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Alcaraz says his expectation levels are changing on grass after reaching quarters at Queen's

Carlos Alcaraz Carlos Alcaraz - The Canadian Press

LONDON (AP) — So much for Carlos Alcaraz being a novice on the grass.

The new big thing in men's tennis looked quite at home on the lush green surface at the Queen's Club Championships in beating Jiri Lehecka of the Czech Republic 6-2, 6-3 to reach the quarterfinals on Thursday.

Alcaraz, ranked No. 2 and the top-seeded player in west London, is playing the Wimbledon warmup event for the first time. Indeed, these are his first professional games on grass outside the All England Club, where he'll head next month seeking his second Grand Slam title after the U.S. Open last year.

Alcaraz said his expectation levels on grass “are going to change” given the way he dispatched Lehecka, who came in at a career-high ranking of No. 36.

“After this match and this level, I think I'm ready to get good results on grass,” the Spaniard said.

A cross-court backhand beat the 36th-ranked Lehecka on the stretch to take the first set, during which Alcaraz didn't face a break point.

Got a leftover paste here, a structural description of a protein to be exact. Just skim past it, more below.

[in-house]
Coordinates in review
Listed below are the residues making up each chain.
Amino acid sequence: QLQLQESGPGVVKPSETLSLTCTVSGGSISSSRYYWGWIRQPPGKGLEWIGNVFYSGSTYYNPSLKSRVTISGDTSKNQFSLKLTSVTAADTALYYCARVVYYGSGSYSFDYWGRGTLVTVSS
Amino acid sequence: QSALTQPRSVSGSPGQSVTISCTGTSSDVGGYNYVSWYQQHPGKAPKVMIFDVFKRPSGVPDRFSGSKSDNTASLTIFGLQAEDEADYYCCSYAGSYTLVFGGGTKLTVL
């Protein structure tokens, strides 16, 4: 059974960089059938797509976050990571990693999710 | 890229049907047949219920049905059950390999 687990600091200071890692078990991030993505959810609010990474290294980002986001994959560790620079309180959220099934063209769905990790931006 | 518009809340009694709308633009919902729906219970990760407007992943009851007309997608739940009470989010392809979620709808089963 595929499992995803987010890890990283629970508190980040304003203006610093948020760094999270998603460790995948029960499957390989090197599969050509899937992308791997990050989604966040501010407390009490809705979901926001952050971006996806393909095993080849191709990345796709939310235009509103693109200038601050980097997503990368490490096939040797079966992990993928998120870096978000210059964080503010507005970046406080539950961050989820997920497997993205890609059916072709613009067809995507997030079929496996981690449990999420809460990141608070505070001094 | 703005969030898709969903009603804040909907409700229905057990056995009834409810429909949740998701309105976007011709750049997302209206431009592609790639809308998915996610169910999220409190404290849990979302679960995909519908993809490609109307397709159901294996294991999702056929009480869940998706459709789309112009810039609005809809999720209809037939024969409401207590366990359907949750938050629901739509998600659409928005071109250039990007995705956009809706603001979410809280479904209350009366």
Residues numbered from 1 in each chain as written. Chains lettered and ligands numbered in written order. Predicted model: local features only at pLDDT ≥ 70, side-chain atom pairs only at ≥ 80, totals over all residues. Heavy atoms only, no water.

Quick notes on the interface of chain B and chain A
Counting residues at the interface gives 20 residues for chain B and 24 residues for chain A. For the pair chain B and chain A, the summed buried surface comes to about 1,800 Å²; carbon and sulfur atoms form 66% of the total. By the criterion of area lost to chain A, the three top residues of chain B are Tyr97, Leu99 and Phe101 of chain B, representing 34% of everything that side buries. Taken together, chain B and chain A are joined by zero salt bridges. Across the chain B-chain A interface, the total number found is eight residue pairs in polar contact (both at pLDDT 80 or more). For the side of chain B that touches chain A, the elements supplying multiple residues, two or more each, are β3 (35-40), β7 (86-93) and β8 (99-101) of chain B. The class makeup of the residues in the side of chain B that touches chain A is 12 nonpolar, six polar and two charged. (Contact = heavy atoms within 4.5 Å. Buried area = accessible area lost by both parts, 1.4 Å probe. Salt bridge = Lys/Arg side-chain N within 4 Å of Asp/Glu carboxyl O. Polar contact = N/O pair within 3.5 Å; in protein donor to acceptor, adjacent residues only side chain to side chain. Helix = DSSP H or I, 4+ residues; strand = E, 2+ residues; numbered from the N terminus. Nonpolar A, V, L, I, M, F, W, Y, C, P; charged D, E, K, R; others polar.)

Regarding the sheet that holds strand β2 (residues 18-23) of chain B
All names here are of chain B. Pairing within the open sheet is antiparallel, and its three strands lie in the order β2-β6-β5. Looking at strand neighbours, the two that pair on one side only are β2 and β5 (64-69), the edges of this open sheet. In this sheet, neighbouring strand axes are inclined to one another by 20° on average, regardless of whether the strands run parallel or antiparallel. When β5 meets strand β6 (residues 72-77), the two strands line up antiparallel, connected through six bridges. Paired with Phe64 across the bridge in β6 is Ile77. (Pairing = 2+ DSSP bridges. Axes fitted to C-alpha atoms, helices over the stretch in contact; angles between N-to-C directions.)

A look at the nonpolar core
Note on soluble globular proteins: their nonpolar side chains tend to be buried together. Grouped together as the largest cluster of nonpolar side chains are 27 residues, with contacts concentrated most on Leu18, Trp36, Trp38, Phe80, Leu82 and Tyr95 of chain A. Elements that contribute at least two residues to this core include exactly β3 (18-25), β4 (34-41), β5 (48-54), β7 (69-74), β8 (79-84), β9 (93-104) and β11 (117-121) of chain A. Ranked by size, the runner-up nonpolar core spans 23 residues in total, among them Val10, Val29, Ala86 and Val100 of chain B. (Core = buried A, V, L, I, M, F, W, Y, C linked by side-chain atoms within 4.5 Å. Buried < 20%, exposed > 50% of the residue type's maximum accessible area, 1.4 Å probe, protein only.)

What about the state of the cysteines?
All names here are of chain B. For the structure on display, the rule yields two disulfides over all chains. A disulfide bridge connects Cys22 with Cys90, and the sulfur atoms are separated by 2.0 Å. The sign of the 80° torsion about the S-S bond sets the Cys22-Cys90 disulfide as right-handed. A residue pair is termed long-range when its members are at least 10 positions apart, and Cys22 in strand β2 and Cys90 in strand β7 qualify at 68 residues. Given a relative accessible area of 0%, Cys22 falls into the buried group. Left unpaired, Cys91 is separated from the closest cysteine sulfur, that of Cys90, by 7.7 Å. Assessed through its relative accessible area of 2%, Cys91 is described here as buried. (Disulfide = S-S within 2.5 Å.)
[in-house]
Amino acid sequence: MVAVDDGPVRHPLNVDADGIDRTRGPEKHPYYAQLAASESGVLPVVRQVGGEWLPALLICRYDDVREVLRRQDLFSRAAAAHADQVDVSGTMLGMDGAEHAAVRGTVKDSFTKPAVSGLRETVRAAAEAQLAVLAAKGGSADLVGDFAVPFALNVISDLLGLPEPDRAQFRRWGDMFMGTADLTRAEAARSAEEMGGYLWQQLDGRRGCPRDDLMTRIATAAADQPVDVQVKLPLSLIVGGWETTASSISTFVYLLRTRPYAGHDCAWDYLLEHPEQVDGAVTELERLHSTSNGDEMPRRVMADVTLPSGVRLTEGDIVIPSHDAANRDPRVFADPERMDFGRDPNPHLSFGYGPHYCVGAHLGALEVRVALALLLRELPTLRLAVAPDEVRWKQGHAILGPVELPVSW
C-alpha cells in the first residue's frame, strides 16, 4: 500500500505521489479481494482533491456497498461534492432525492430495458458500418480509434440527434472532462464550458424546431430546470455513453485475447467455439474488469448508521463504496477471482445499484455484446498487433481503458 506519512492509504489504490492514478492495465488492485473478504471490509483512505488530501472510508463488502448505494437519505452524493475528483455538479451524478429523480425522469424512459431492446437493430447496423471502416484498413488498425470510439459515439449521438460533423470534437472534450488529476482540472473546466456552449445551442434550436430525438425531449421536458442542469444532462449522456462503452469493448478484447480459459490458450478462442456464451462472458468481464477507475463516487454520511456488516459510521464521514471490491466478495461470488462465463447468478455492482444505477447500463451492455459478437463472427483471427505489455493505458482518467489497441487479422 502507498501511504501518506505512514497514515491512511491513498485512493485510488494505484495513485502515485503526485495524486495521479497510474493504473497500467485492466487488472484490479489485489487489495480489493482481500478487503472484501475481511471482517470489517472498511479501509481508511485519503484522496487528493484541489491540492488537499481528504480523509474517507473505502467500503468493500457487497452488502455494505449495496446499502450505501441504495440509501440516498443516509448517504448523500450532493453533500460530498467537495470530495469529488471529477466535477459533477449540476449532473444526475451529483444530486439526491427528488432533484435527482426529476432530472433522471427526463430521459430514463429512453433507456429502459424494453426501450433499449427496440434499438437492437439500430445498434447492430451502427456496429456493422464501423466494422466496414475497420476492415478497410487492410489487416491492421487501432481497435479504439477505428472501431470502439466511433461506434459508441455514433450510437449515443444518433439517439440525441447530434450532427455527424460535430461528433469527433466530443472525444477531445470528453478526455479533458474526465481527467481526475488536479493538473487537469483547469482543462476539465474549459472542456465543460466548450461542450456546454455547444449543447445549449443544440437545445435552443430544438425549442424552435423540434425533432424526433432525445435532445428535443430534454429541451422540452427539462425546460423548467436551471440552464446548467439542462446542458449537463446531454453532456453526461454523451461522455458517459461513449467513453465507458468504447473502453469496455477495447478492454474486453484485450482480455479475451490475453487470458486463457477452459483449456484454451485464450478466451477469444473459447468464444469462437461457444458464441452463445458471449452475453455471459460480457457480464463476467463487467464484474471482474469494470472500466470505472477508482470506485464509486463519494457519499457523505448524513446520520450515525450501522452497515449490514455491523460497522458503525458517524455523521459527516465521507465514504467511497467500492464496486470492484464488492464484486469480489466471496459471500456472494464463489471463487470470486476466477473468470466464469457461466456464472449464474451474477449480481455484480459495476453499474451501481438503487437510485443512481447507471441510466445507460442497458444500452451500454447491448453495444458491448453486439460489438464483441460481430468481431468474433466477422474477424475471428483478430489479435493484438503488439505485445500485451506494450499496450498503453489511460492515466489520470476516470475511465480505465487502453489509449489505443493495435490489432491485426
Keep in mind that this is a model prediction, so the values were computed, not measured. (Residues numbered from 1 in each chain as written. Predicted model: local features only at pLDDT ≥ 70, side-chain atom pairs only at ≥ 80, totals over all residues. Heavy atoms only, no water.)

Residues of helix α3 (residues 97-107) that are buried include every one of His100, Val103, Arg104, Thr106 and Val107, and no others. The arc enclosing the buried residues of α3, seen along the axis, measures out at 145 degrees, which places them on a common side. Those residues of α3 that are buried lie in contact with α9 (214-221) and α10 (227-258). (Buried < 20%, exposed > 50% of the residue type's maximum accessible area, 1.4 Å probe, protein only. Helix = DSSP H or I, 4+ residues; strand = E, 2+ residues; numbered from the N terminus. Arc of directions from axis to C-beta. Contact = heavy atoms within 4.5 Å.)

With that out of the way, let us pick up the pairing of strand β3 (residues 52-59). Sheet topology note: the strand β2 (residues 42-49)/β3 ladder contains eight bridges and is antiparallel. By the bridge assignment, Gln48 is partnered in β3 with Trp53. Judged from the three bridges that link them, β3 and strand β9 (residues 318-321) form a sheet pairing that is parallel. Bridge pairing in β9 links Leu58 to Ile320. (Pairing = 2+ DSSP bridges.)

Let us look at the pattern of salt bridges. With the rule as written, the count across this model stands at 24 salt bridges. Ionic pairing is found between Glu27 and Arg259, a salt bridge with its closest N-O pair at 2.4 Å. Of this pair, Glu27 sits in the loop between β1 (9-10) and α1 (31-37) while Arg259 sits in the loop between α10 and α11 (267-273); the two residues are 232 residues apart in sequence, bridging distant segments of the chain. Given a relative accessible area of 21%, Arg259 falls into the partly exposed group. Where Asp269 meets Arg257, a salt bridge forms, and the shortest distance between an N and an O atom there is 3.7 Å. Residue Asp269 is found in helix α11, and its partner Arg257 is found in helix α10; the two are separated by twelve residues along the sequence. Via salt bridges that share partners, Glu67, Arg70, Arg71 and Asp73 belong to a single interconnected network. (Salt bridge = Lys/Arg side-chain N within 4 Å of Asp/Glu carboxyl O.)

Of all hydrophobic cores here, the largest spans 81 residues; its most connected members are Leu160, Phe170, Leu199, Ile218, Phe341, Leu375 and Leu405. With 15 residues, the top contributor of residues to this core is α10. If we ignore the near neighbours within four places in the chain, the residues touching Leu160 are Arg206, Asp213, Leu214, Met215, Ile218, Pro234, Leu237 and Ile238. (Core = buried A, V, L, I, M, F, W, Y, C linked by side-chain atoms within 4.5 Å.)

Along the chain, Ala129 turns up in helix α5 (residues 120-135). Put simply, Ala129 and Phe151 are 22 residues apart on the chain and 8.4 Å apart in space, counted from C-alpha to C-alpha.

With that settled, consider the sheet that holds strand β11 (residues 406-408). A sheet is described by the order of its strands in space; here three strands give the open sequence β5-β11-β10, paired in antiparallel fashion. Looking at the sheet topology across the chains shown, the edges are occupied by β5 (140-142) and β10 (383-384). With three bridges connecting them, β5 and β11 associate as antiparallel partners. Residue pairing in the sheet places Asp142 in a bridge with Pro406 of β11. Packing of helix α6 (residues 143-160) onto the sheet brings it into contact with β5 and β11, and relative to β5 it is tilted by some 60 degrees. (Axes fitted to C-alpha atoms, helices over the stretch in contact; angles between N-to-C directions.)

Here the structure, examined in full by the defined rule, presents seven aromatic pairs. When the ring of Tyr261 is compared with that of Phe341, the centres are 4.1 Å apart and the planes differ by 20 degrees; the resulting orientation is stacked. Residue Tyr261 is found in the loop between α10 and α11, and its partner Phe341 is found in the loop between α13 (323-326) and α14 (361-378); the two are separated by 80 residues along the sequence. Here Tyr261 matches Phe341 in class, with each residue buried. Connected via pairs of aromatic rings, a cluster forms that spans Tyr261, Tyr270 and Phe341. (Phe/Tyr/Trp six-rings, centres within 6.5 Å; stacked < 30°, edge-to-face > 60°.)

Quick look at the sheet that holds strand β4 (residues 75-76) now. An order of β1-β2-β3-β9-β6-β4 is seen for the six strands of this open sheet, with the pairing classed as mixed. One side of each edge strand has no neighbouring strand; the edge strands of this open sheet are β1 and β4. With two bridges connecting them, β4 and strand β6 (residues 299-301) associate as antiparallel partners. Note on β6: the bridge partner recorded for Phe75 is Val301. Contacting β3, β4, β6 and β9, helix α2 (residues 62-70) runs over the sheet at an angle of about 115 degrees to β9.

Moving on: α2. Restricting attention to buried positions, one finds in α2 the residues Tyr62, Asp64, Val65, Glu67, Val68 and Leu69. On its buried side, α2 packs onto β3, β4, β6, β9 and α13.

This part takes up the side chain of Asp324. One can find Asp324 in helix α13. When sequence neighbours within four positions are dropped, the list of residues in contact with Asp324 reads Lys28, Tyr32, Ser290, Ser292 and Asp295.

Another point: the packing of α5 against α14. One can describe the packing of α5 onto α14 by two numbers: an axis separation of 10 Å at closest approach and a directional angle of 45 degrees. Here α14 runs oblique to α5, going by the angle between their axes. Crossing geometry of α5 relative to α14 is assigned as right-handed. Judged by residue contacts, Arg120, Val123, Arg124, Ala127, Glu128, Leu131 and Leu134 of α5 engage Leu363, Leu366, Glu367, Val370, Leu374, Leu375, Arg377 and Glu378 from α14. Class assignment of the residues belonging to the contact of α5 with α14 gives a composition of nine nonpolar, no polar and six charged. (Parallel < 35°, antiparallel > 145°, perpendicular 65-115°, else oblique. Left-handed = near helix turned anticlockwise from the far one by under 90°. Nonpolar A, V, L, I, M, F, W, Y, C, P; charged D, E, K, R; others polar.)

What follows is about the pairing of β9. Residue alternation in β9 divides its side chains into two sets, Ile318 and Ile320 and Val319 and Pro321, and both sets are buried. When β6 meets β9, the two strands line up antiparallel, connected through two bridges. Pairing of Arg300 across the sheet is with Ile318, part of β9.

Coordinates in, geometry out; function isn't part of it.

Mistakes started to creep into both players' games in the second set — there were 41 unforced errors between them overall in the match — but Alcaraz's defense and coverage at the net impressed as he wrapped up victory in 1 hour, 25 minutes on his third match point when Lehecka hit a forehand long.

It took Alcaraz more than 2 1/2 hours — and three sets containing two tiebreakers — to see off Arthur Rinderknech of France in the first round.

“I feel really comfortable here on grass," Alcaraz said. "I’m happy getting experience on grass. Knowing I have this level, I'm really happy about it.”

Alcaraz will next play qualifier Grigor Dimitrov, the 2014 champion. He beat eighth-seeded Francisco Cerundolo 6-3, 7-5.

Adrian Mannarino of France got another big win on grass, and entertained along the way, by ousting third-seeded Taylor Fritz of the United States 6-4, 7-6 (7).

A week after beating Daniil Medvedev last week in 's-Hertogenbosch in the Netherlands, Mannarino used his accurate first serve — he had a 74% match success rate — to set up a meeting with Alex de Minaur in the quarterfinals.

The 46th-ranked Mannarino drew gasps and applause with a no-look volleyed winner, as well as a ’tweener and a shot behind his back in the same point.

Fritz saved three match points in the tiebreaker but double-faulted on the fourth.

De Minaur of Australia defeated Diego Schwartzman 6-2, 6-2 in barely an hour.


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